Functional Programming
Scala: Tail Recursion Optimisation and comparison to Java

ScalaTail Recursion is supposed to be the better method than normal recursion methods, but does that help in the actual execution of the method? We can say, yes, only if the recursion actually does not increase the call stack in the memory and instead re-use it.

It depends completely on the compiler i.e. whether the compiler is really optimising the byte code for tail recursion functions or not.

Let us consider our plain old factorial program using Scala.

Following Scala code calculates the factorial in tail recursion process:

Tail Recursion

Let us examine the byte code generated by Scala compiler for the above Scala class.

We write the above Scala code in a file, say "factorial.scala" and compile it using the command:

Tail Recursion

This will generate the factorial.class file.

Now we will use the following command to see the byte code of the class file generated above:

Tail Recursion

This will give the byte code of the factorial.class which will look something like below:

Tail Recursion

(For details of the above JVM instruction set please refer to the Online Instruction Reference)

If we closely look into the byte code above, we will see that the calculate method is again calling itself - the invokevirtual #12 is actually calling the calculate method repeatedly for each recursion. So that signifies that for each recursive call the calculate method is getting called which in turn increasing the call stack in the memory.

So ideally we are not getting any advantage of tail recursion optimisation even though Scala claims that it optimises tail recursive function.


Let us re-write factorial code as below:

Tail Recursion

Here we have added the final keyword before the method definition of the calculate method. We all know that adding the final keyword prevents this method to be overridden in the sub classes.

Now if we compile the above class and see the byte code, it will look something like below:

Tail Recursion

We can see that the above byte code is never calling the calculate method, instead it is calling the same instructions in a loop. So this signifies that for the recursive call the same method calculate is not getting called repeatedly, thus not increasing the call stack in the memory.

Now we can say that the Scala compiler has optimised the tail recursive function.

But why is the difference? Scala compiler will optimise any tail recursion function only if it is sure that the same function will not be overridden. Since any sub class which overrides the function can change the implementation to a non-tail recursive code. Here we have achieved this by adding the final keyword. The other possible way is to make the function private, which will also prevent the function to be overridden; but this will also reduce the scope of that function. So whether to make it final or private will depend on the design of our code.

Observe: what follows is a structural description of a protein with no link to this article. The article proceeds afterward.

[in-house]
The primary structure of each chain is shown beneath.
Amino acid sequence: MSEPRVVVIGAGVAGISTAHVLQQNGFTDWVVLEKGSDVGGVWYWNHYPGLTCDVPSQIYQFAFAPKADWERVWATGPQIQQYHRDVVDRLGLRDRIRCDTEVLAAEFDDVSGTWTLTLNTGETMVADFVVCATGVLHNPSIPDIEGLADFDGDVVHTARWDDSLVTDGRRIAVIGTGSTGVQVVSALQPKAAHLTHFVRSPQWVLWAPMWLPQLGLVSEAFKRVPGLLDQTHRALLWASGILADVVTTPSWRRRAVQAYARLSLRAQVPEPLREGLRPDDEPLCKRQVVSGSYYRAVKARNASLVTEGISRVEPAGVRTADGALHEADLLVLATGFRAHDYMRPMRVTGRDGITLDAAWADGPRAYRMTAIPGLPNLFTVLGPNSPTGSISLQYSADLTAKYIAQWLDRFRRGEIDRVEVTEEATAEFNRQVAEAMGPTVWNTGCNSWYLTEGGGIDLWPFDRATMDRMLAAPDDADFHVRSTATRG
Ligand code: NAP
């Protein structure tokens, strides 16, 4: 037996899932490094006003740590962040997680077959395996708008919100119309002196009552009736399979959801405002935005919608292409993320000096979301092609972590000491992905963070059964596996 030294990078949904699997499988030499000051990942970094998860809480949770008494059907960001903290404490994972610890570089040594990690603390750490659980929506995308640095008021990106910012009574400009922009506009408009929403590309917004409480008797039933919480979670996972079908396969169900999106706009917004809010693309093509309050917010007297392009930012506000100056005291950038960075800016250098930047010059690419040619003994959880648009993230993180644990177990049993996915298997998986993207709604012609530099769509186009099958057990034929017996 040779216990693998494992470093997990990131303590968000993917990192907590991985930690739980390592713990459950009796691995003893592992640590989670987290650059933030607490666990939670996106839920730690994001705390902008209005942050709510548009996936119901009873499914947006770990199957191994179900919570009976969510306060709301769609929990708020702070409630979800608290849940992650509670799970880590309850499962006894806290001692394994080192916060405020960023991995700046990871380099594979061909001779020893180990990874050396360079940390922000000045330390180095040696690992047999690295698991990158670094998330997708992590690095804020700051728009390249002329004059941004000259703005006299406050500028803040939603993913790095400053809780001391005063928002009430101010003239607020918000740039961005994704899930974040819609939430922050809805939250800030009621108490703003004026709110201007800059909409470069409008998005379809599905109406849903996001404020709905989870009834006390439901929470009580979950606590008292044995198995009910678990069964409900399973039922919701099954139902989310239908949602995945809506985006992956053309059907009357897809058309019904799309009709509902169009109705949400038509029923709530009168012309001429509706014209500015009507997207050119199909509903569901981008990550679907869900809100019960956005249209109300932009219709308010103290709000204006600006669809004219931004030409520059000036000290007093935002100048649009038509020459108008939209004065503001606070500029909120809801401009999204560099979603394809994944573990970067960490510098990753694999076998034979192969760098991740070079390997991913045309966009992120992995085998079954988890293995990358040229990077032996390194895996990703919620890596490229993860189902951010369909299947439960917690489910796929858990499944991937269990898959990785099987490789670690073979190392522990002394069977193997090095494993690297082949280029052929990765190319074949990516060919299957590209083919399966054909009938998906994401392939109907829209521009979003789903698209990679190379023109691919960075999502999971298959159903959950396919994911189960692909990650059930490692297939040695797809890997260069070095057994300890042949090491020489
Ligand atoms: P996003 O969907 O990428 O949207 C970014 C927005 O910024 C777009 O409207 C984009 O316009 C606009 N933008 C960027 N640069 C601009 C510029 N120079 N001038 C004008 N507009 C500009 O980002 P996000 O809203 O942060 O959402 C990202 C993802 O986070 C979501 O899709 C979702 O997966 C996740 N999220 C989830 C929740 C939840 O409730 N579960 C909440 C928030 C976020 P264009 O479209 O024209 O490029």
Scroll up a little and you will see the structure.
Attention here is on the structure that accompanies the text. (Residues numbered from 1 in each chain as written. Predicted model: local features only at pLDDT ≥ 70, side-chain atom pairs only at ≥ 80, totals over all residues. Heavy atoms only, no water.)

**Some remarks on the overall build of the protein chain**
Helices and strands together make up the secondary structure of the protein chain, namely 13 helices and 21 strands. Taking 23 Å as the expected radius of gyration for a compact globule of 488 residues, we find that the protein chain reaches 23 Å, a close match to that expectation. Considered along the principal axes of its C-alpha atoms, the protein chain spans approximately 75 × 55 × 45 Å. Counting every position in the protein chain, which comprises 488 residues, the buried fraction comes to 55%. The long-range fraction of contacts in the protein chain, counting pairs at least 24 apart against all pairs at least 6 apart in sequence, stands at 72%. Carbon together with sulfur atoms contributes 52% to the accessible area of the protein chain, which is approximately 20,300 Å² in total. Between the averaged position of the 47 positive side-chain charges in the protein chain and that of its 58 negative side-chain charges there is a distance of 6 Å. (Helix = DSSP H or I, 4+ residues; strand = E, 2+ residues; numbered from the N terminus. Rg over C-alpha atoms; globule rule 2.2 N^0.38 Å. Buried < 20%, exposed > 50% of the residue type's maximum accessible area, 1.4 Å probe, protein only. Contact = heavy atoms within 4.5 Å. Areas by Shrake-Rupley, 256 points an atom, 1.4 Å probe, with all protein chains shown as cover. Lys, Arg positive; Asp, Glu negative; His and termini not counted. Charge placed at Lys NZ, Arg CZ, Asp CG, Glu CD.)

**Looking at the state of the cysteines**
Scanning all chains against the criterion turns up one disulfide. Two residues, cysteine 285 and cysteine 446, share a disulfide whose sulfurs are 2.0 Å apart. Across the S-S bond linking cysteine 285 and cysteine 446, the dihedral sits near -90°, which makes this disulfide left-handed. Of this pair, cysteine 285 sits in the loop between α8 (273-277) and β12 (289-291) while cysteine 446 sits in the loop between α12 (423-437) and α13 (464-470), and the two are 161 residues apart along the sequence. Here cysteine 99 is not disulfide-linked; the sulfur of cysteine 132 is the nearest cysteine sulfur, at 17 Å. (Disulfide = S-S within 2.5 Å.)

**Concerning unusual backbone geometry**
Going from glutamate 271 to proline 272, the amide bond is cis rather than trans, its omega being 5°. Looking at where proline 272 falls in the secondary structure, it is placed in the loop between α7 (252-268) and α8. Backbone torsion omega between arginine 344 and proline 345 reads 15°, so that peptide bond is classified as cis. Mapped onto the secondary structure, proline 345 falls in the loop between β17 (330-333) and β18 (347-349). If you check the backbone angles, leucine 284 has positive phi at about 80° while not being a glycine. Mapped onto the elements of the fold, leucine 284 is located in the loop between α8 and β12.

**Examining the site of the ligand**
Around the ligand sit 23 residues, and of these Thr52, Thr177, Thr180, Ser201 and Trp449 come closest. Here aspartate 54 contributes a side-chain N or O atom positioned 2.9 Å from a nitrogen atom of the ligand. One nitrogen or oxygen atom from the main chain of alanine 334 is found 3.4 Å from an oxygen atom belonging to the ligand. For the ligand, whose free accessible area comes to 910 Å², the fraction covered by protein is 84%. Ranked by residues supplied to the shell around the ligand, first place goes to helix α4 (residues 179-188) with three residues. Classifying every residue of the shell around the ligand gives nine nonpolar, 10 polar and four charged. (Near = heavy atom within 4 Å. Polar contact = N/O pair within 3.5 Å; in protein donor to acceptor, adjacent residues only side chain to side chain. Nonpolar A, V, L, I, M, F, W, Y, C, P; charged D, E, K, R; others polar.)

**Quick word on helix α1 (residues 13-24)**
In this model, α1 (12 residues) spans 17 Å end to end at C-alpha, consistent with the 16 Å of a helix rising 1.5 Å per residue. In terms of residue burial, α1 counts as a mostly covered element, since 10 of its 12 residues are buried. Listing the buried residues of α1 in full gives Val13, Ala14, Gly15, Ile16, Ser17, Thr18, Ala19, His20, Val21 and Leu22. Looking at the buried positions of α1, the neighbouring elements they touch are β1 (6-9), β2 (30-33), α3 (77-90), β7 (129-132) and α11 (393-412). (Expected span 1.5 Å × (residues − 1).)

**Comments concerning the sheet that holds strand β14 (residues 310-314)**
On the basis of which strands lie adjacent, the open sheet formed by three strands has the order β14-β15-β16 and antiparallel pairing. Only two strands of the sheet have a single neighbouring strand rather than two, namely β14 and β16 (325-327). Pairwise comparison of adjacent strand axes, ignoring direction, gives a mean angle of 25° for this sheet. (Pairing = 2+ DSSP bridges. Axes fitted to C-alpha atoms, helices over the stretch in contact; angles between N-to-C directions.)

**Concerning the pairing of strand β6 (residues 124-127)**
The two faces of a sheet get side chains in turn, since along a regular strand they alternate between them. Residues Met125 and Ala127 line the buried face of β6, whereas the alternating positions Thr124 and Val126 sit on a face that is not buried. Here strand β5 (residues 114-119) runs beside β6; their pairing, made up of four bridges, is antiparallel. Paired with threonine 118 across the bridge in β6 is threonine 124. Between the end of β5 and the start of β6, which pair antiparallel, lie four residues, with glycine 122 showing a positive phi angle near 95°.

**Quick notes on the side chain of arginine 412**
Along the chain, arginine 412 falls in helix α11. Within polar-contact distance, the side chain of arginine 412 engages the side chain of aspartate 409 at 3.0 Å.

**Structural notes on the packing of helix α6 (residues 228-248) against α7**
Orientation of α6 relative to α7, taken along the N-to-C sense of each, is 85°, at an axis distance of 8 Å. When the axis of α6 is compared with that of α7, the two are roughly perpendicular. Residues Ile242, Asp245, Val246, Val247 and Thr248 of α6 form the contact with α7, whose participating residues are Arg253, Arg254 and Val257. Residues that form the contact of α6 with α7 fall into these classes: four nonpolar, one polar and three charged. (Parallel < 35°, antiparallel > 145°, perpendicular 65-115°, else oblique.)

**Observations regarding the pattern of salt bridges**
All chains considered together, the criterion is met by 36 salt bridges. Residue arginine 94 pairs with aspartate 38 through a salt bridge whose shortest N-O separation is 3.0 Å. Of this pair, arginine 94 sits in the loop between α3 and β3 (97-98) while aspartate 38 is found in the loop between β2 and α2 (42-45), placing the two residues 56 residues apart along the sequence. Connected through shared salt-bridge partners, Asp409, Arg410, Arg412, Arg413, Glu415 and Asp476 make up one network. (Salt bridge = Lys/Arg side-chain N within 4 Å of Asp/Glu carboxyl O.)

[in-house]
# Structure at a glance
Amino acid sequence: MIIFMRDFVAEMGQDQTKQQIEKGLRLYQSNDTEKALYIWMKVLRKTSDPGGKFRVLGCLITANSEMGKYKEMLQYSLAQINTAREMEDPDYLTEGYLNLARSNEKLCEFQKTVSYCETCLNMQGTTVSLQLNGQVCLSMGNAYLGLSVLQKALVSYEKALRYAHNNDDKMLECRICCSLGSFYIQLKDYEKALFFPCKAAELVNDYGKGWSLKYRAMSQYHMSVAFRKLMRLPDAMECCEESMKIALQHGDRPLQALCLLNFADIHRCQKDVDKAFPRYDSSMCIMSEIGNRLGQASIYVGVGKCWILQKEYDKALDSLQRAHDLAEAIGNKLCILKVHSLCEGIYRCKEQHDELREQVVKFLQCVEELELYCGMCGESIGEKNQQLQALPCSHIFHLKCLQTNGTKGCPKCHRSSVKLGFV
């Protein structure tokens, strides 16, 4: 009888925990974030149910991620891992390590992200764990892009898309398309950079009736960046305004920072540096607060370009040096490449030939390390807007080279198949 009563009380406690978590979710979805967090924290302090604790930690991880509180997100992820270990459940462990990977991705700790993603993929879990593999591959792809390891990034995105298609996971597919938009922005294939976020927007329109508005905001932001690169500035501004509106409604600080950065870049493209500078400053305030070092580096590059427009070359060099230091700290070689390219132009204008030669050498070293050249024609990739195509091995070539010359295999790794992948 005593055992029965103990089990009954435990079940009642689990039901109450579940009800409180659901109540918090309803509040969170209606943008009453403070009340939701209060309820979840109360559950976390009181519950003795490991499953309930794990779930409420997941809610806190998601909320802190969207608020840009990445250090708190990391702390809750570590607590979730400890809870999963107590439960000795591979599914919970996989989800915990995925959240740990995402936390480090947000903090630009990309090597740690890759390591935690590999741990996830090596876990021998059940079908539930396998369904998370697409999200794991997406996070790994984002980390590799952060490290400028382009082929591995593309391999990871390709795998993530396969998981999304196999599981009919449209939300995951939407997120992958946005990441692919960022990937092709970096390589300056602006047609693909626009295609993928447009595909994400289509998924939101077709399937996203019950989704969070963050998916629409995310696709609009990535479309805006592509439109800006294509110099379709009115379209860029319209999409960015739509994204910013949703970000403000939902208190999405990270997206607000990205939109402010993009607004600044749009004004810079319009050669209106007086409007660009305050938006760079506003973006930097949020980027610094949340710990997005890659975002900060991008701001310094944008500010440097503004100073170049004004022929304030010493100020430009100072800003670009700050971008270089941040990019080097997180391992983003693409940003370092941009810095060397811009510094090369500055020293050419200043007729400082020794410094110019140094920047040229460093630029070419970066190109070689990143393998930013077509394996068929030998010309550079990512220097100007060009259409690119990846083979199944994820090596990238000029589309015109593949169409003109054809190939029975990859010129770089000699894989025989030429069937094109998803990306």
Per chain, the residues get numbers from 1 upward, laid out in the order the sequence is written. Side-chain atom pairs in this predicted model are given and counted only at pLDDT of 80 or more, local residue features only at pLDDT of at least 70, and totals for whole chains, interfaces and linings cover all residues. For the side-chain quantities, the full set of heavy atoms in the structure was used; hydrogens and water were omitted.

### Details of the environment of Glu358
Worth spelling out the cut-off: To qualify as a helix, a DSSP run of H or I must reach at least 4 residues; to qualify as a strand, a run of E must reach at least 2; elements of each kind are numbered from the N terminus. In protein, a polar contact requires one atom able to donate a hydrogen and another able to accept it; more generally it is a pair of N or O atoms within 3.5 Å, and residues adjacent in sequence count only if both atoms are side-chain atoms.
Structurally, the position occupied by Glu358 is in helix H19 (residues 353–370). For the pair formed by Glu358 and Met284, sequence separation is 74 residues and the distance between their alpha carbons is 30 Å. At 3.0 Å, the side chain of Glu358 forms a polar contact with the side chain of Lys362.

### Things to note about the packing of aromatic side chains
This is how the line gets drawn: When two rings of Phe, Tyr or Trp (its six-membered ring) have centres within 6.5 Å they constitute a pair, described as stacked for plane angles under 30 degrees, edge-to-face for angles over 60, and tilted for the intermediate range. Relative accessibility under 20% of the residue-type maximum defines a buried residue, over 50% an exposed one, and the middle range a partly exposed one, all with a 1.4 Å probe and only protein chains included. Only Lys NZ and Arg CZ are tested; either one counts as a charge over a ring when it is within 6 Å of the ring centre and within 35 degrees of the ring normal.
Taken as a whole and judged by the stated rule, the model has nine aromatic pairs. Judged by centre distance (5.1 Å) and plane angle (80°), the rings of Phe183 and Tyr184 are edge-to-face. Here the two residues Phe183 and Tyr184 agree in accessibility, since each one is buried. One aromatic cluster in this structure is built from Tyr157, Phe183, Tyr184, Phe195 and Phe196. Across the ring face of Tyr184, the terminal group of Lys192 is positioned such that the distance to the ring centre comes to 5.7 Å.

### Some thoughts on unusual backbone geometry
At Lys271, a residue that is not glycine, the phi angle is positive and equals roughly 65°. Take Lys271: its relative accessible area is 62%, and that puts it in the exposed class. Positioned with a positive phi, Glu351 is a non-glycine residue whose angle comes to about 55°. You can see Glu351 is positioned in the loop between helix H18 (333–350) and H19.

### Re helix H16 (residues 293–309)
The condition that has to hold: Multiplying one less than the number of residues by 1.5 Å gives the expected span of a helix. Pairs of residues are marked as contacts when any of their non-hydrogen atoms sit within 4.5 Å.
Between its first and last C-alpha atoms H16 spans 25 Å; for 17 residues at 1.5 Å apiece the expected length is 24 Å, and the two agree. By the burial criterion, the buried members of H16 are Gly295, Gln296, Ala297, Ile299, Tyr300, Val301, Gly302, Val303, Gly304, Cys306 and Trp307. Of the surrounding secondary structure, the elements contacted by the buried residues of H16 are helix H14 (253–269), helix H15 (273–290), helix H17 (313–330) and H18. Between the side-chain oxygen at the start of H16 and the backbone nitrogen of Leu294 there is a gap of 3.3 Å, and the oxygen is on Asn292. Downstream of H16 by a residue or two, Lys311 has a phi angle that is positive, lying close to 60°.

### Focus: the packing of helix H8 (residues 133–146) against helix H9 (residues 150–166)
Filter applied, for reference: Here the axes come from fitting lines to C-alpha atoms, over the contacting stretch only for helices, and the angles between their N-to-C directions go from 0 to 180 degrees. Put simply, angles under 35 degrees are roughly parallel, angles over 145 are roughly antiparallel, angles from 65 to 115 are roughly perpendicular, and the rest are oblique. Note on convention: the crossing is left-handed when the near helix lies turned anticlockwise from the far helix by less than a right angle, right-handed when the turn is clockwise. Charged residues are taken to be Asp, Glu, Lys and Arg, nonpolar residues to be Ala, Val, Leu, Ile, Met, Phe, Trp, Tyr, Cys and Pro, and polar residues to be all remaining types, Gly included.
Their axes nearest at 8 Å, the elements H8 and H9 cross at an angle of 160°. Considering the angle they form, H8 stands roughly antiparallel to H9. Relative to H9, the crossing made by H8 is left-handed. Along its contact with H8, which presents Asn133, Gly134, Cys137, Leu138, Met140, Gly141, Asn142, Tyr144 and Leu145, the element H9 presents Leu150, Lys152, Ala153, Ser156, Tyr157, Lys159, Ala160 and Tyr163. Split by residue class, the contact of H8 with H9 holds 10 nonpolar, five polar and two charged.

To ensure that compiler optimises the tail recursive function, we can add @tailrec annotation on the function which we want the compiler to optimise. The code will look something like below:

Tail Recursion

In the above code if we remove the final keyword and try to compile code using scalac we will get the following compilation error:

Tail Recursion

This clearly indicates the reason why the Scala compiler didn`t optimised the calculate method in the first code snippet. If we remove the @tailrec annotation, Scala compiler will generate non-optimised byte code which it did in our initial code at the beginning.

Now what about Java? We can write the same factorial code in Java using tail recursive function as follows:

Tail Recursion

Here we have added the final keyword again to ensure that it cannot overridden in the sub classes.

Let us compile the above Java class:

Tail Recursion

If we investigate the byte code generated for the above Java class using the javap command we will get something like below:

Tail Recursion

Here we can see that the generated byte code calls the calculate method for each recursion which is similar to the one generated by the Scala compiler in our first example. So the generated byte code is not optimised for the tail recursive method and in turn increases the call stack in memory. Even if we remove the final keyword from the calculate method in the Java class and generate the byte code we will see the same result.

So this signifies that whatever may be the method declaration Java compiler will not optimise tail recursive method. Whereas Scala compiler will optimise the same if the method is declared as final or private.

So we can say Tail Recursive function has no effect in performance in Java, whereas Scala compiler will optimise the tail recursive functions based on the condition that the code ensures that function is not overridden in sub classes.


Dipta P. Banerjee

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